Explaining Copyright: The Normative Implications of its Sociotechnical Construction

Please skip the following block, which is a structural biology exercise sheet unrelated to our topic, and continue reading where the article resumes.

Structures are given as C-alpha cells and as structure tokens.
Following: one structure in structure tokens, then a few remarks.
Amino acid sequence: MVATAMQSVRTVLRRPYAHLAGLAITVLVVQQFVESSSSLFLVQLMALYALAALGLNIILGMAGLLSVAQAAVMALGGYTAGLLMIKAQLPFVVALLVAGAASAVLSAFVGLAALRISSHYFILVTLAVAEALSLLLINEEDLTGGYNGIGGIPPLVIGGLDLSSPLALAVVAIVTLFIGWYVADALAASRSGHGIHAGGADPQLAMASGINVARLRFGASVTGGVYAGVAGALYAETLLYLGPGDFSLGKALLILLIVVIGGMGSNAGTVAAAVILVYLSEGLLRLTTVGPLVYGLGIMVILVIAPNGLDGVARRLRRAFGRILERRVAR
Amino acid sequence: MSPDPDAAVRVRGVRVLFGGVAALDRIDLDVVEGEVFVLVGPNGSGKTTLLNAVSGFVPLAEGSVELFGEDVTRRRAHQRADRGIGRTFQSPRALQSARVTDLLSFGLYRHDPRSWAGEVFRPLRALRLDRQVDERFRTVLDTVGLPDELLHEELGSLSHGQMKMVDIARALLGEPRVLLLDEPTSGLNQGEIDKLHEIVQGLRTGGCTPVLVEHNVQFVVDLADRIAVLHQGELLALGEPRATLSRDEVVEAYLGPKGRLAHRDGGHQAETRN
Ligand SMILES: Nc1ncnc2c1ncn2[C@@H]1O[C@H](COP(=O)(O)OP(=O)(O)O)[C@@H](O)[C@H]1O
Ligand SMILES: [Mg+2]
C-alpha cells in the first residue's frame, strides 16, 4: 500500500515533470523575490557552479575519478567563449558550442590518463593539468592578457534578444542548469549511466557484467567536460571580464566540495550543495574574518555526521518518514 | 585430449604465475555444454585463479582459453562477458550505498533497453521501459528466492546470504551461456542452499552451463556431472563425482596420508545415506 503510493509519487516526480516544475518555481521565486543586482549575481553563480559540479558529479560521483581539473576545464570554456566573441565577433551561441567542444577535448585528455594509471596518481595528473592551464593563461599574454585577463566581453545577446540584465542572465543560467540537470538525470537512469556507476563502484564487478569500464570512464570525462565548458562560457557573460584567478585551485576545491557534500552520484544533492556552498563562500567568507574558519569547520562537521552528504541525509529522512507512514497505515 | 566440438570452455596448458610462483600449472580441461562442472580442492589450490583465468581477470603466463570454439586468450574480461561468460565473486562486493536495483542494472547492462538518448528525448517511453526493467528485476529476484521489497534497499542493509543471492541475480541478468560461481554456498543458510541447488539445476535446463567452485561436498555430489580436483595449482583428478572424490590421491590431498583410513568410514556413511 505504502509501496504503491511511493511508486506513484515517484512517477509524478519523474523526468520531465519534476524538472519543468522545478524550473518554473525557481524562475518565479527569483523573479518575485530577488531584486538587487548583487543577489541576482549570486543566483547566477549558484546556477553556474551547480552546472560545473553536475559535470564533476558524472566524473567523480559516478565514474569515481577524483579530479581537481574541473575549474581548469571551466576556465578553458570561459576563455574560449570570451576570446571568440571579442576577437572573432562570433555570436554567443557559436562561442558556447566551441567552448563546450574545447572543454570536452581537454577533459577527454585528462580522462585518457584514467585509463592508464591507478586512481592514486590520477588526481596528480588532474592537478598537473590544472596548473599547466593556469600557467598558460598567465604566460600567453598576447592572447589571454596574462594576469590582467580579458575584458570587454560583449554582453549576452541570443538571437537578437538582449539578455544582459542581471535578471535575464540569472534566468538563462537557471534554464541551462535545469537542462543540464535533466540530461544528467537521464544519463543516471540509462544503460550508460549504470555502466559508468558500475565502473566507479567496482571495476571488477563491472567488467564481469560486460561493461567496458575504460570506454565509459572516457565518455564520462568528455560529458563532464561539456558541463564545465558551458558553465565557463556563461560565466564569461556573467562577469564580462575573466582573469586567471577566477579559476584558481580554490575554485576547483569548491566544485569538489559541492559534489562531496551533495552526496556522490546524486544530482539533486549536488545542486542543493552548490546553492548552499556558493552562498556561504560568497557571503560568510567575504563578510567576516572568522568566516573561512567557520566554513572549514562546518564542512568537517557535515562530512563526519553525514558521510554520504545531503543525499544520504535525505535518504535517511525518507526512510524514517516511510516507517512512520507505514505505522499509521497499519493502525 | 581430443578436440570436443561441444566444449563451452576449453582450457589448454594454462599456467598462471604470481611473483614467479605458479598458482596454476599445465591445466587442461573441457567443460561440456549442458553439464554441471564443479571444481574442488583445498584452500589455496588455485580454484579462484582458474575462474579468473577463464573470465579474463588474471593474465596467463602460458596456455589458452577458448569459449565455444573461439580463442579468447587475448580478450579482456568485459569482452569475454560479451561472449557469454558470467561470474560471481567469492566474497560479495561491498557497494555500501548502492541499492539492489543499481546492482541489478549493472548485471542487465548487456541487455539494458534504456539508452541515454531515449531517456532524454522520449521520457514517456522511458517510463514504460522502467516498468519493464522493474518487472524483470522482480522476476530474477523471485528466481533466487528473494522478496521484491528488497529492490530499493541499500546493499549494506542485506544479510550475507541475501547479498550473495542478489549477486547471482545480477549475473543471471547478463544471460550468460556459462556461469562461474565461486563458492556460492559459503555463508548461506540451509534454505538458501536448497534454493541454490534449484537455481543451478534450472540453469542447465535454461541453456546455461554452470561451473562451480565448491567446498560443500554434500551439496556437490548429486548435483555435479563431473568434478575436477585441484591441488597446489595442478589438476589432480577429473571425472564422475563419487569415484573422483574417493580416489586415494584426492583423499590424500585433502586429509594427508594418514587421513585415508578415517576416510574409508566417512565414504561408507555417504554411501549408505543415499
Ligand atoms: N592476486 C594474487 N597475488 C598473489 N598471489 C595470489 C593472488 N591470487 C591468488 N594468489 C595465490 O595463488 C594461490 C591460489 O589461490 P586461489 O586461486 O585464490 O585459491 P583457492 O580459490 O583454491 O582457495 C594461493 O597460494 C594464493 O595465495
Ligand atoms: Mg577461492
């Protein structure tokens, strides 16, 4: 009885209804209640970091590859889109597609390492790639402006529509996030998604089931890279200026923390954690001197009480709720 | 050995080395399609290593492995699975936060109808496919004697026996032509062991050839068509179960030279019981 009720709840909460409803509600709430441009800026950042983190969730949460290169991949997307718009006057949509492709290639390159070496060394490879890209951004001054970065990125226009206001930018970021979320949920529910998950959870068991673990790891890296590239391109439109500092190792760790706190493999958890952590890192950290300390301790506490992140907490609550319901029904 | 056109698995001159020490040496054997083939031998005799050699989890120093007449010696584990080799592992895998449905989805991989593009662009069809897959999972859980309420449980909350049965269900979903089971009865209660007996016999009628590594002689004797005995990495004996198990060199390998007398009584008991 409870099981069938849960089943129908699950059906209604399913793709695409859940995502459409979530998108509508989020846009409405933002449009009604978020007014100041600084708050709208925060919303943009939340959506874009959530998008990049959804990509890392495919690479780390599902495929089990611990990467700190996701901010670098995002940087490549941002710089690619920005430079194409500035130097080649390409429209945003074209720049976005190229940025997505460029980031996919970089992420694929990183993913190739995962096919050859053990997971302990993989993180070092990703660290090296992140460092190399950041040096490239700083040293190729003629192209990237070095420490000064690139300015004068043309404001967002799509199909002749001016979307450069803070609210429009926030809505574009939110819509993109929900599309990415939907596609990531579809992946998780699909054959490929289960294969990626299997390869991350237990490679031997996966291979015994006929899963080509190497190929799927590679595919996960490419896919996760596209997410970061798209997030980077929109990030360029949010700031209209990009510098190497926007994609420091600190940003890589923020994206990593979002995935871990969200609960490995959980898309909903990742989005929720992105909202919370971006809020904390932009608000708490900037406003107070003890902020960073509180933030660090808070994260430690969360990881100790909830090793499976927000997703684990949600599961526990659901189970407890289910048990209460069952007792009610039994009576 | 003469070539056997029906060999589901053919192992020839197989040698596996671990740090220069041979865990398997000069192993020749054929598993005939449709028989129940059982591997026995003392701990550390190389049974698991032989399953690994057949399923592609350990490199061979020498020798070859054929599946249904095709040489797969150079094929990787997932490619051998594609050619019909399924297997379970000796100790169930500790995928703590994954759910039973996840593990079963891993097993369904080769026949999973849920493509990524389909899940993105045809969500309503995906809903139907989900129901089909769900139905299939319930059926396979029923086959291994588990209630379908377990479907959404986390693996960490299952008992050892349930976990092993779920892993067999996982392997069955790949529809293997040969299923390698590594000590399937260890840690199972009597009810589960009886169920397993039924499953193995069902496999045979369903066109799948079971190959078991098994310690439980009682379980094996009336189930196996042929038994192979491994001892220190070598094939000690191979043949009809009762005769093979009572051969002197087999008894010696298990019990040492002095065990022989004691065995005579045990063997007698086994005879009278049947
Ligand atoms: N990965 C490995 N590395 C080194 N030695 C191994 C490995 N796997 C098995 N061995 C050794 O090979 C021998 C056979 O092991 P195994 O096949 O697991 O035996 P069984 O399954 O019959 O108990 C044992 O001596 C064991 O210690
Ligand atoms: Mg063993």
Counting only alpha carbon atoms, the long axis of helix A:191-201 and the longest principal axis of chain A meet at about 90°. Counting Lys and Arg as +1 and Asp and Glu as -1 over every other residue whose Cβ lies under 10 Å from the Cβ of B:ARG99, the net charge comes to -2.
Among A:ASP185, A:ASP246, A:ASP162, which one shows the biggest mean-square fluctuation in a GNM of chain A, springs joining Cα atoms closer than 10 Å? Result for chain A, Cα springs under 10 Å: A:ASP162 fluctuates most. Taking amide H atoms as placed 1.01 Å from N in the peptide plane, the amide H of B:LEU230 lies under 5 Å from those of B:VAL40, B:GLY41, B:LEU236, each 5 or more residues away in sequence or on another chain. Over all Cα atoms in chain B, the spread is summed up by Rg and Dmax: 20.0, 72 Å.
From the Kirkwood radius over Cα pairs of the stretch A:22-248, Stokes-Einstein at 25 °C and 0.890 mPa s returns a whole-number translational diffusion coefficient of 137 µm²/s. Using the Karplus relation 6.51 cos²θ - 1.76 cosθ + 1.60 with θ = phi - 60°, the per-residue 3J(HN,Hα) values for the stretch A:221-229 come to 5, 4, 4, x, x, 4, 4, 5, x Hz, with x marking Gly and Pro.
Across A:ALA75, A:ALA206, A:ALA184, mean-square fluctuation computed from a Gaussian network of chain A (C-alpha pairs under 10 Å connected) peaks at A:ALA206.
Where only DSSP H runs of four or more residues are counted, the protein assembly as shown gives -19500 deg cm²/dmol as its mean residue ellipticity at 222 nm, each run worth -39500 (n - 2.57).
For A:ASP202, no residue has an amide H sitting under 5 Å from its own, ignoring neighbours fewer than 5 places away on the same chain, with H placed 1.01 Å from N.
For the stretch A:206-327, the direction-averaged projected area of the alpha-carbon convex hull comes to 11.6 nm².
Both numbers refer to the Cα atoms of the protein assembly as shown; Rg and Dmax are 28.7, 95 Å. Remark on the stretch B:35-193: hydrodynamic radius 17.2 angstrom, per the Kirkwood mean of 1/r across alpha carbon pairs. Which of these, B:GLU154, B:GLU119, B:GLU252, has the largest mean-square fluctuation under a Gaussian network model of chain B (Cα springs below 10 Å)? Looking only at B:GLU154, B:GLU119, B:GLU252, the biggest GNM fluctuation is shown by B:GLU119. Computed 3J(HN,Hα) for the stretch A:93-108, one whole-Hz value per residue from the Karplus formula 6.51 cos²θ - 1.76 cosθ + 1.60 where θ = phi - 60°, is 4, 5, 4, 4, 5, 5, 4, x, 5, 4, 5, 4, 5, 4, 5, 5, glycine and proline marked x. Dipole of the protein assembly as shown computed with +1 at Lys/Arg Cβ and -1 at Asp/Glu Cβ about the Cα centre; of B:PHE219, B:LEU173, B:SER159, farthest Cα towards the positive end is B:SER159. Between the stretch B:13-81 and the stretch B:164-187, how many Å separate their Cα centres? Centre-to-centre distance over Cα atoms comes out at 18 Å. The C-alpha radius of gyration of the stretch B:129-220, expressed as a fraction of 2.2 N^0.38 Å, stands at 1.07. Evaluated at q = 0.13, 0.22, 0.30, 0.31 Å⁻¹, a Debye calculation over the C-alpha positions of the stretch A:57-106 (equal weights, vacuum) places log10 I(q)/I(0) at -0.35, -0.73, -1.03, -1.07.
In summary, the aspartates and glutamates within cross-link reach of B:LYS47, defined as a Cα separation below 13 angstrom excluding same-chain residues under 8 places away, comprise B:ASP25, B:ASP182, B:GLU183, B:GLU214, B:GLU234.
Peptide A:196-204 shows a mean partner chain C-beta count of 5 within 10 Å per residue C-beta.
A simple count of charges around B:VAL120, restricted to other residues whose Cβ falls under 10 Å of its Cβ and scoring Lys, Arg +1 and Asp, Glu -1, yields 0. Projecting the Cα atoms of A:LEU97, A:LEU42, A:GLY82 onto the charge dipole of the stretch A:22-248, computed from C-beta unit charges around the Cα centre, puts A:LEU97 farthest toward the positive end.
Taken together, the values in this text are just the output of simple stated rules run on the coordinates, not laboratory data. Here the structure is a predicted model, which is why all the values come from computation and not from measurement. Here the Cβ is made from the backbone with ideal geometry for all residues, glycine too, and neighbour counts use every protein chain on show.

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The construction of copyright law can be causally explained by two possible types of explanation: dialectical explanations and material explanations. I argue that an adequate causal description of the copyright discourses of Western legal systems must incorporate a material explanation in order to account for many of the general and particular characteristics of the evolution of copyright. As a vast variety of contingent and interactive social and technical conditions have caused the evolution of copyright, we should expect a plausible material explanation to be multifaceted and multi-layered. However, in addition to providing a causal sociohistorical description, a good legal explanation should also seek to include a normative account detailing the moral grounds of the law, or lack thereof. Dialectical explanations can be teleological: they can presuppose that the law is directed towards a perfect legal state and that it is essentially guided by a set of moral ideals. Material explanations, on the other hand, are essentially non-normative and do not explicitly address moral questions. But this does not entail the elimination of moral considerations from material explanations. As I aim to show, we should not address the moral and sociohistorical elements of copyright legal discourses independently because they are causally connected: moral justifications have been rhetorically used by social actors to influence lawmaking processes, and conversely, changes in technical conditions have given rise to sociotechnical formations that enable and structure the norms of copyright. Given this, I propose that lawmakers should adjudicate and legislate from a broad and flexible standpoint. They should not attempt to merely apply old principles to new problems, but should comprehend new moral norms introduced by new conditions, and balance them against the older, more established principles enshrined in traditional intellectual property theories.